Some of that is down to WTtK not being a tagged-on sequel (and if you've read all seven of the Dark Tower series, you may see how that might or might not work!!). Rather, it seems to me like a decent deleted scene now added to the DVD extras. I would suggest it was removed purely because it was unnecessary to the main narrative, and would have broken the pacing - and it would have been far too similar to the previous, much-complained-about, book. However, so many years on it's nice to revisit and get another - if unimportant - slice of the story. Throughout the series we were given tantalising hints of Roland's world and its history, but I for one always thought there was much more to tell.
We don't get a huge amount more of that story here, more a glimpse of Roland's early life. It's not even as revealing as Wizard and Glass in terms of events shaping the young gunslinger's character. We learn even less about our main quartet; really we just briefly check in with them, perhaps fondly remembering the journey we've already taken with them. And in my case at least, how much I'd love a pet like Oy the billy-bumbler! :)
Instead, the bulk of the book is really setting up to tell the dark fairy tale at its core. Remembered from Roland's own childhood, I wasn't initially captured by the new account, with seemingly little to do with the Dark Tower or the characters we've been following, and frustratingly pedestrian. Themes familiar from King's other works, such as domestic violence, seem rather dull given the scope of what we still don't know about a world containing 20-foot tall cyborg bears driven mad by the passing of unknown millennia!! However, stick with the telling and eventually things do become that bit more intriguing. In fact, through the medium of story-telling (within the tale within the narrative!) we actually see a much more direct slice of the Dark Tower mythology - but of course, it's only a folk story...!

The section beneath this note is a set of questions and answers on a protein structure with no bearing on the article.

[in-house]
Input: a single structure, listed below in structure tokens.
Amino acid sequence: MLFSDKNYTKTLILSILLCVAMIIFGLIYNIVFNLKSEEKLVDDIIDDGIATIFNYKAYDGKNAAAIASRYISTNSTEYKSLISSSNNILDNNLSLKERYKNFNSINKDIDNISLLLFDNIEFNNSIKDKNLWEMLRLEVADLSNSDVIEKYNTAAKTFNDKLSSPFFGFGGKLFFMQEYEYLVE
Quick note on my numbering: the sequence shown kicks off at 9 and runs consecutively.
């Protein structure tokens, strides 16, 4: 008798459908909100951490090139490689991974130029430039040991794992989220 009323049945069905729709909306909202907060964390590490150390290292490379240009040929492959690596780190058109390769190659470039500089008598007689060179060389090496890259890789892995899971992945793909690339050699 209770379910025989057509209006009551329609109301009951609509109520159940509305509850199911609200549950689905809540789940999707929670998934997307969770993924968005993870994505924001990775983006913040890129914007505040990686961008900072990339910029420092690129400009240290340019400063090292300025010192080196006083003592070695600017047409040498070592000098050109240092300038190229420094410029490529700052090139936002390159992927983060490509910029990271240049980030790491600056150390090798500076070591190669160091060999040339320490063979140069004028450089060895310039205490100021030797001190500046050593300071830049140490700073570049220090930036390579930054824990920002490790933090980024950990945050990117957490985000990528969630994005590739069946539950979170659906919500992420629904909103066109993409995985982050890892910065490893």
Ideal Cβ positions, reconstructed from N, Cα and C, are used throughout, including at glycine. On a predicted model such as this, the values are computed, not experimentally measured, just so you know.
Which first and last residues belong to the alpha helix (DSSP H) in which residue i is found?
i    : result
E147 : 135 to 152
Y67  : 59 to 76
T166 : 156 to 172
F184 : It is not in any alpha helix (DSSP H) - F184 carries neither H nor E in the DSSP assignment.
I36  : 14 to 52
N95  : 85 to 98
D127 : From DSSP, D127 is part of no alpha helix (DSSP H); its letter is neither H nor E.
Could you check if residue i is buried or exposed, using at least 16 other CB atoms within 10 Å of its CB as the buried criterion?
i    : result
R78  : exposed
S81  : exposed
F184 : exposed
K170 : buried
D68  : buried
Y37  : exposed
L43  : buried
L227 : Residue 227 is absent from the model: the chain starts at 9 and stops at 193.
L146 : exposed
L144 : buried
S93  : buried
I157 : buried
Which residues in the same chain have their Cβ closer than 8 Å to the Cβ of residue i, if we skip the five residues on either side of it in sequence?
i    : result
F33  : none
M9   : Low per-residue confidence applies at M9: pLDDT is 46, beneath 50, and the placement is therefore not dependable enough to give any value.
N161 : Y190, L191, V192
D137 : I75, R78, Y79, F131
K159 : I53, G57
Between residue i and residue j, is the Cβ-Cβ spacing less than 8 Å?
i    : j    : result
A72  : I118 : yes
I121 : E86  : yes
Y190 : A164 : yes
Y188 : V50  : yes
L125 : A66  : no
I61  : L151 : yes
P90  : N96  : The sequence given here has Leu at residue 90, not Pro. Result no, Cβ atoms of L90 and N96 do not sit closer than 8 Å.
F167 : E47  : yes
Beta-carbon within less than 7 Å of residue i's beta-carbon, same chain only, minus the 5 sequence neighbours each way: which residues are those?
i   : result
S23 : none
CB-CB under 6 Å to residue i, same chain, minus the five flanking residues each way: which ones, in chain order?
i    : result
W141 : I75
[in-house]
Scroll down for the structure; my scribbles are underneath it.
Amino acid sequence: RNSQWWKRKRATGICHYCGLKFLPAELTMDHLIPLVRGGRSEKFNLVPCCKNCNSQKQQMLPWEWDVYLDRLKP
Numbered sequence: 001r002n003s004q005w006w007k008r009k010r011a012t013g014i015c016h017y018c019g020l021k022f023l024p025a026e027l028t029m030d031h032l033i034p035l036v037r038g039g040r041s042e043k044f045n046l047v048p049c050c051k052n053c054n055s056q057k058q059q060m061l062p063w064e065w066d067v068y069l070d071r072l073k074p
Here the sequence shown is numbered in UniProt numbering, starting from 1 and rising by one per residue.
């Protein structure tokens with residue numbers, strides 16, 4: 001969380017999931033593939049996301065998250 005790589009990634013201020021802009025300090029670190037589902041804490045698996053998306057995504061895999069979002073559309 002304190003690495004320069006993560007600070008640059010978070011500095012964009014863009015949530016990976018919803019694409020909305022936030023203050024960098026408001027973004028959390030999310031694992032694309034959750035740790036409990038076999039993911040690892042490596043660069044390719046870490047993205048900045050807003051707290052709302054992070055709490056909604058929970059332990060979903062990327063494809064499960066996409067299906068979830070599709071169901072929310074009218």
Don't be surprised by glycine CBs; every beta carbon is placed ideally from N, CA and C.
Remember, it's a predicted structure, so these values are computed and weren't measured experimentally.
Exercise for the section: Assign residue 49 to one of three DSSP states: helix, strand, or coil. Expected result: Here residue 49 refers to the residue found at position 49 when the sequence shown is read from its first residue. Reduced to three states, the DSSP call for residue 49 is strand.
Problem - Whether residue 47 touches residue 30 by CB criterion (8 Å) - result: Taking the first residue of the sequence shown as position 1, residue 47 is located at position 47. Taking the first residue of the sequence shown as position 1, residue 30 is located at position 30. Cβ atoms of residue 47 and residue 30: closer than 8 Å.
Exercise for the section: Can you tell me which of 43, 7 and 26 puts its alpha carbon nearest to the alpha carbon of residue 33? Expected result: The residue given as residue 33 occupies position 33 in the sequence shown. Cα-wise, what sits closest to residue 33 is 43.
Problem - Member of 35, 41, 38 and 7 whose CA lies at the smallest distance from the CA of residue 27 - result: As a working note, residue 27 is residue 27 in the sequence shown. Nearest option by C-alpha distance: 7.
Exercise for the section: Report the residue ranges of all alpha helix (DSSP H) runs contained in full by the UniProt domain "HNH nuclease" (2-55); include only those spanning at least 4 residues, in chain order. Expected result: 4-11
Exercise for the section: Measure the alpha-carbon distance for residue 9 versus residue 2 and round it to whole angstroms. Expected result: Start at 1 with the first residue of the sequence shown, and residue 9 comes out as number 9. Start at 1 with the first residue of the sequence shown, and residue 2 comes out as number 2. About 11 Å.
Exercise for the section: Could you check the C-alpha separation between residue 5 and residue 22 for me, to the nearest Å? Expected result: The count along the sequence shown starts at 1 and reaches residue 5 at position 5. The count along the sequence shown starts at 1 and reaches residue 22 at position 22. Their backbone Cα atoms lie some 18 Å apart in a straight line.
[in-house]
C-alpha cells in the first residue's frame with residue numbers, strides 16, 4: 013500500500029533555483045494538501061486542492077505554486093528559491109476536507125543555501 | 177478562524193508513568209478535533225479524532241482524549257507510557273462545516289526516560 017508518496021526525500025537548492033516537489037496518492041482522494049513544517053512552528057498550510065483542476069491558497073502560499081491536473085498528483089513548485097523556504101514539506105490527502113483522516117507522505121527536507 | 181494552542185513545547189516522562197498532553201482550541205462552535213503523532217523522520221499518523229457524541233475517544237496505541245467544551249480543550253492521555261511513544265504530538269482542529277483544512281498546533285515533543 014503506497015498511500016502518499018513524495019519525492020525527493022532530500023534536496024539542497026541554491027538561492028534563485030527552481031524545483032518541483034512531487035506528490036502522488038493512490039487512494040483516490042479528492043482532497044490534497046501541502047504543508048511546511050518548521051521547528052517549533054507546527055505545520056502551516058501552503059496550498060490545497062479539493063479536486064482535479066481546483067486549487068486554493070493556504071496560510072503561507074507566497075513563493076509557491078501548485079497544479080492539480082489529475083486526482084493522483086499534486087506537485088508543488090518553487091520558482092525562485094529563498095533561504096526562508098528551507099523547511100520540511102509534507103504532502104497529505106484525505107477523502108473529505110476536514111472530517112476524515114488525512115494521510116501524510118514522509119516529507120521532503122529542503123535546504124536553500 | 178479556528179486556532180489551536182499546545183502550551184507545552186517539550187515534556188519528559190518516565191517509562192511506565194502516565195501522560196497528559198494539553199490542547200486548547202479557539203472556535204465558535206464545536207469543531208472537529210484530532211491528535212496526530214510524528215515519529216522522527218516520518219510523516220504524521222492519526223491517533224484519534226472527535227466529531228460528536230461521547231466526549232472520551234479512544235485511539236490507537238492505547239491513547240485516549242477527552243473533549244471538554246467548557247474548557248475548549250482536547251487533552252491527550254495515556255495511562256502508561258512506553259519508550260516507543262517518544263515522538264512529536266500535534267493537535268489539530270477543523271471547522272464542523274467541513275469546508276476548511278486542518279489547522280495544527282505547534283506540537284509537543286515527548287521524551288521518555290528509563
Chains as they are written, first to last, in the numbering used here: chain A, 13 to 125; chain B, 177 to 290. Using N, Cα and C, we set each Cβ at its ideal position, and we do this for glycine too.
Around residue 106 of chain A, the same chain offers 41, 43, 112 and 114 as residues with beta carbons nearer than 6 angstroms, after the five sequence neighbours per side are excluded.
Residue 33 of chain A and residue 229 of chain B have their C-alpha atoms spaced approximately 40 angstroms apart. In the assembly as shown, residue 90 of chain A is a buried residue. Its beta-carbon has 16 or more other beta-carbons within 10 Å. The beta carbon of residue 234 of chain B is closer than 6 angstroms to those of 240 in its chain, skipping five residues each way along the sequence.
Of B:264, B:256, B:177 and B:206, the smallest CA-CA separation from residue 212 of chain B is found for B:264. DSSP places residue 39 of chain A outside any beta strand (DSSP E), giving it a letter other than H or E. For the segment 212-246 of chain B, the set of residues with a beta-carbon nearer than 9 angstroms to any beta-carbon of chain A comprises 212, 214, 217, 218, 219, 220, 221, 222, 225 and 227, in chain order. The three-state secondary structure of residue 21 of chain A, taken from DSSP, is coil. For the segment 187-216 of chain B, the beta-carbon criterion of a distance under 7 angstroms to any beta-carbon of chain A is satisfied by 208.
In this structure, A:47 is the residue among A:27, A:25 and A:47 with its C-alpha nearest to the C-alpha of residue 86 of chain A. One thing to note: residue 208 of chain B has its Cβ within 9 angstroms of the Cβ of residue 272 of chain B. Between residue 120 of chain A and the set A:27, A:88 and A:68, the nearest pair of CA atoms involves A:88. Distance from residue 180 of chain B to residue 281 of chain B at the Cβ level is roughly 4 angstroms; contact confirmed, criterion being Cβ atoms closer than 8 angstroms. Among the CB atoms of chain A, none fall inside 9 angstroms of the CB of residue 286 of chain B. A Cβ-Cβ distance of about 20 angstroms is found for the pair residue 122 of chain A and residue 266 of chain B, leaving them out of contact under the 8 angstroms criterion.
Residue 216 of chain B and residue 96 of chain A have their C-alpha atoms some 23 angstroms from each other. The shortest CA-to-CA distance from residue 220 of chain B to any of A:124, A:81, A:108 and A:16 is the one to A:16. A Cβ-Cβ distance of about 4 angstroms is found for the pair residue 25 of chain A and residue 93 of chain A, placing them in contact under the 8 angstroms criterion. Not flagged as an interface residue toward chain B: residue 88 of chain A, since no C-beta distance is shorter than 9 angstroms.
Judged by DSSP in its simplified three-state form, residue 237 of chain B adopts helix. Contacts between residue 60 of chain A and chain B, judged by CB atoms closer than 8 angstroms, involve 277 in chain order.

Then, from this darkest of faerie tales, the narrative once more pulls back a level to finish off Roland's reminiscing - which I've heard very aptly described as a "supernatural western" - and yet again to put us back on the path of the beam, once more heading towards the Dark Tower.
If that sentence seems baffling, then it suggests that my disagreement with the marketing of this book is correct: I cannot see this as a suitable stand-alone starting point for those who haven't read the Dark Tower series. For those of us who already know and love Mid-World this is a lovely revisit - and bonus outtake, if you like! - but for strangers to the land then I think the lack of background understanding is going to both lessen this tale and give away far too much about the main series. Which, of course, you should read entirely! ;)
~The Dark Tower series~
1. The Gunslinger
2. The Drawing of the Three
3. The Wastelands
4. Wizard and Glass
--> The Wind Through the Keyhole <--
5. The Wolves of the Calla
6. The Song of Susannah
7. The Dark Tower
A 'redux' version of The Gunslinger was also published: I love the original for all the reasons (over flowery writing, etc) King rewrote it 21 years on, and I love seeing the differences between the two!
Hardback: 335 pages
First published in 2012
RRP: £19.99, but currently £8.99 on Amazon
Summary: Three nested tales, loosely circling the Dark Tower